I heart liver

I walked in last evening and the house was smelling lovely. Something was cooking and I had just finshed a long day of consulting. I looked hopeful and smiled at Uttam. He shook his head, ensuring I did not get my hopes high and said “for the girls”. He frequently bakes this liver bread for the girls and it smells so great that I wish I could eat it. Well, I may not be allowed to eat it. But I sure can share his recipe here. This is a old blog post by him where he put up his recipe. Let me know if your dogs love it as much as mine do. This post is in Uttam’s words, not mine :

Here is a recipe that I just tried and has turned out to be a huge hit – especially with Nishi. Which is saying a LOT. It takes less than a half hour.
I bought some chicken liver to add to Nishi and Tigger’s usual meal (which I will get to later). Then I remembered that Sindhoor keeps complaining about the lack of good quality treats that come in “training sizes”. So, after a quick look at various resources online, I decided to make what I can only describe as my version of liver bread for now.
Caveat emptor – I suck at baking as i prefer cooking by feel rather than by measurement and this has  been my one and only attempt at it.  But, I think I will definitely try it again, given how much the mutts love it. So, unlike to other baking recipes, this will have approximations :) .
  1. 1/2 kg of chicken liver(with its juices if you have it, else some chicken stock)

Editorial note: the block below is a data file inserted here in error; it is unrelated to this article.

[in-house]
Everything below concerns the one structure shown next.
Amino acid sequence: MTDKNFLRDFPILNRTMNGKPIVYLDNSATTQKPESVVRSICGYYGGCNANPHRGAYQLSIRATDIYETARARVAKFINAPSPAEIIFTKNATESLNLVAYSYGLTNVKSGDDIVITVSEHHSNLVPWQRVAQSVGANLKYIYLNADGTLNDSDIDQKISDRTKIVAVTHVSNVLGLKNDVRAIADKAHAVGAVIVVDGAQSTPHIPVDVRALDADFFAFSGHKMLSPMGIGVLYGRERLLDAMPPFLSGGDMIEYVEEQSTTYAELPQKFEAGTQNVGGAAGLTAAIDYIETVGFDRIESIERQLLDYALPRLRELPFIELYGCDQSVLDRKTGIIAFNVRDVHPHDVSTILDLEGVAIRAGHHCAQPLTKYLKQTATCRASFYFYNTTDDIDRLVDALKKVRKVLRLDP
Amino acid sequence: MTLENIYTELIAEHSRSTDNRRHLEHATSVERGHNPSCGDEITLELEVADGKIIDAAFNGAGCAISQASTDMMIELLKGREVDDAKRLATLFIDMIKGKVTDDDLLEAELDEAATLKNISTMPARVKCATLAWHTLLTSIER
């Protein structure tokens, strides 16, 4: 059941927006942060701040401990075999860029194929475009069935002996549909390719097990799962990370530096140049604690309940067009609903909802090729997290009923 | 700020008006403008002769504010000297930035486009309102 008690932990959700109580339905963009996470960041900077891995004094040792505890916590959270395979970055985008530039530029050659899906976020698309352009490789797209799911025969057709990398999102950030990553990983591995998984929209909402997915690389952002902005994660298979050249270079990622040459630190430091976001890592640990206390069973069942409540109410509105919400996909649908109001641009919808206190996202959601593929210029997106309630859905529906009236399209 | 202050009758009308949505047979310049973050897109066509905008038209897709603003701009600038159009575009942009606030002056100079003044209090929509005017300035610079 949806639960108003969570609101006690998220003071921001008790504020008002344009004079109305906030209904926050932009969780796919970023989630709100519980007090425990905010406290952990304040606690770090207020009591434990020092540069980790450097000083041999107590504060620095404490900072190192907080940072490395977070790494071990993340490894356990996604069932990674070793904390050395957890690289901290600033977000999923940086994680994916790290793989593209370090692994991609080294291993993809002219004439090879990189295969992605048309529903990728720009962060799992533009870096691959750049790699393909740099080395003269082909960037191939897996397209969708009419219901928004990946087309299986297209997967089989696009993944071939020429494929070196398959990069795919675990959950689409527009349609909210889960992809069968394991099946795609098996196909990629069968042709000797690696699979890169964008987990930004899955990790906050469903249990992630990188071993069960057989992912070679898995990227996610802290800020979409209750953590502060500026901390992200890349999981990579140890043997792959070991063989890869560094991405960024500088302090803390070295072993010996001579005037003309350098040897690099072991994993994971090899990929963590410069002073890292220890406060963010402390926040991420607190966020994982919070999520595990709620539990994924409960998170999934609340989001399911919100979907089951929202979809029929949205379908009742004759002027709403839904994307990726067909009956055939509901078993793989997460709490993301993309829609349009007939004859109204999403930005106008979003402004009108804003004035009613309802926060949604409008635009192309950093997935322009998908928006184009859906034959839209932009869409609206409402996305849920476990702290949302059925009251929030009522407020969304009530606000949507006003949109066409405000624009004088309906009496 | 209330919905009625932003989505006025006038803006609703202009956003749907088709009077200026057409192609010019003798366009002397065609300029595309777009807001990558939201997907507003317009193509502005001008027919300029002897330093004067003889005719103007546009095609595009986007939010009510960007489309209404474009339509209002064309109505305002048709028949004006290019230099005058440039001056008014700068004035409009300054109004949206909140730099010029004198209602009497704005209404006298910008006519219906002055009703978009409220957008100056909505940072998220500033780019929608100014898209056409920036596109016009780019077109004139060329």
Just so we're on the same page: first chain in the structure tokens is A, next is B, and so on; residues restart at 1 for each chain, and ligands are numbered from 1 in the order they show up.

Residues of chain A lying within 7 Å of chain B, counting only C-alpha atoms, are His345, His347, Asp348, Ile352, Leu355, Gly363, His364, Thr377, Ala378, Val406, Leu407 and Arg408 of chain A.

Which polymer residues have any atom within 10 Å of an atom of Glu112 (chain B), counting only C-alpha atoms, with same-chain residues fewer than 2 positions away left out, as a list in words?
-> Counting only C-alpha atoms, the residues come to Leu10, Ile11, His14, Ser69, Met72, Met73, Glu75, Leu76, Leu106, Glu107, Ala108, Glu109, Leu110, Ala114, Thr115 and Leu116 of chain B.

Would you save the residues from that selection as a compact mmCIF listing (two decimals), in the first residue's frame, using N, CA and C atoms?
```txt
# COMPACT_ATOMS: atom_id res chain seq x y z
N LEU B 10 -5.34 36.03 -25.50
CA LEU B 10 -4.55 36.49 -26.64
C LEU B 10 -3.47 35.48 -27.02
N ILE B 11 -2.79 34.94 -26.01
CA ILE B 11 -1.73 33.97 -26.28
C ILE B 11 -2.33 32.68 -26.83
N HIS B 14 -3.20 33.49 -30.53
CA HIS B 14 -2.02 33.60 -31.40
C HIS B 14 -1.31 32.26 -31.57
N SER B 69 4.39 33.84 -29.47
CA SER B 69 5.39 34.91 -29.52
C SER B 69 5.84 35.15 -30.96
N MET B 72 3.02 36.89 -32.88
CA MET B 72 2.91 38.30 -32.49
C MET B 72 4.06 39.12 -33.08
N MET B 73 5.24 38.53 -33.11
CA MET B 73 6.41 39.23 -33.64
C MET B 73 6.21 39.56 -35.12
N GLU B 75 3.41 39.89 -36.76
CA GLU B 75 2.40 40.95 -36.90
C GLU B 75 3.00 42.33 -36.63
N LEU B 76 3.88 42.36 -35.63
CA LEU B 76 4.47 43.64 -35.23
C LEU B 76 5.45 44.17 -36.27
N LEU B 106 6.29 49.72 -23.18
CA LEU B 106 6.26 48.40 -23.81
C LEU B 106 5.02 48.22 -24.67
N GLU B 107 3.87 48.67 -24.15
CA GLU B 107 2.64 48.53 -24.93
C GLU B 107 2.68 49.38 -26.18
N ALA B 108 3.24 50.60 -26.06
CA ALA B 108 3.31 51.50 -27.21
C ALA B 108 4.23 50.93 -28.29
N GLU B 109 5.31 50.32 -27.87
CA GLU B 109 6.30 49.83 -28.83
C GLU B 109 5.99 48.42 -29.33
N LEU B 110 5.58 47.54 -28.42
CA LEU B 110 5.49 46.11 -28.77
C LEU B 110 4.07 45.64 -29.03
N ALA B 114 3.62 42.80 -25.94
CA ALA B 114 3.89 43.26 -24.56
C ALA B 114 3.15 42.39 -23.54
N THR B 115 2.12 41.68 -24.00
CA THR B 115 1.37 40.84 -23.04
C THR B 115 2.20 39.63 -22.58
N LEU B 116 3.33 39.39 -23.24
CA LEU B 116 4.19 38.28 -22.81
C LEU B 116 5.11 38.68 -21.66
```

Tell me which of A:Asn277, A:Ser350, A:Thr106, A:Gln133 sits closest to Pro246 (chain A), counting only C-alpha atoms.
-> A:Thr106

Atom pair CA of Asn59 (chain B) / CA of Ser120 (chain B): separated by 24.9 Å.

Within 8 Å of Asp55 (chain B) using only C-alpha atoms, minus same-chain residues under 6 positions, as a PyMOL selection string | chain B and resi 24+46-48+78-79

2. 1 to 1 and 1/2 cup of whole grain flour(i used atta, but ground oatmeal will be better)
  3. 3/4 to 1 cup of maida
  4. 4 eggs
  5. 1/4 to 1/2 cup of oil
  6. Herbs – dried or fresh(I used basil, thyme, oregano – I suggest you experiment)
Cooking method:
  • Pre-heat oven to 180-190 degrees Celsius
  • Put the liver (with liquid), eggs and oil into a blender/food processor and blend till there is an emulsified liquid. This should take 4-5 minutes.
  • Mix 1 cup of whole grain and half a cup of maida with the herbs till it forms a uniform mixture.
  • In a large bowl, mix the wet and dry ingredients till the mixture has the consistency of a slightly runny cake dough. Use whole grain flour to get to that point.
  • Coat a baking tray(ideally an inch deep) generously with fat, pour the mixture into it and bake for 15-20 minutes(the time will depend on the moisture content of your dough and the depth of your tray). You need to watch it raise and cook fully. Let it rest till it completely cools.
  • The resulting consistency will be that of a heavy bread. And very easy to cut into 1 cm x 1 cm cubes.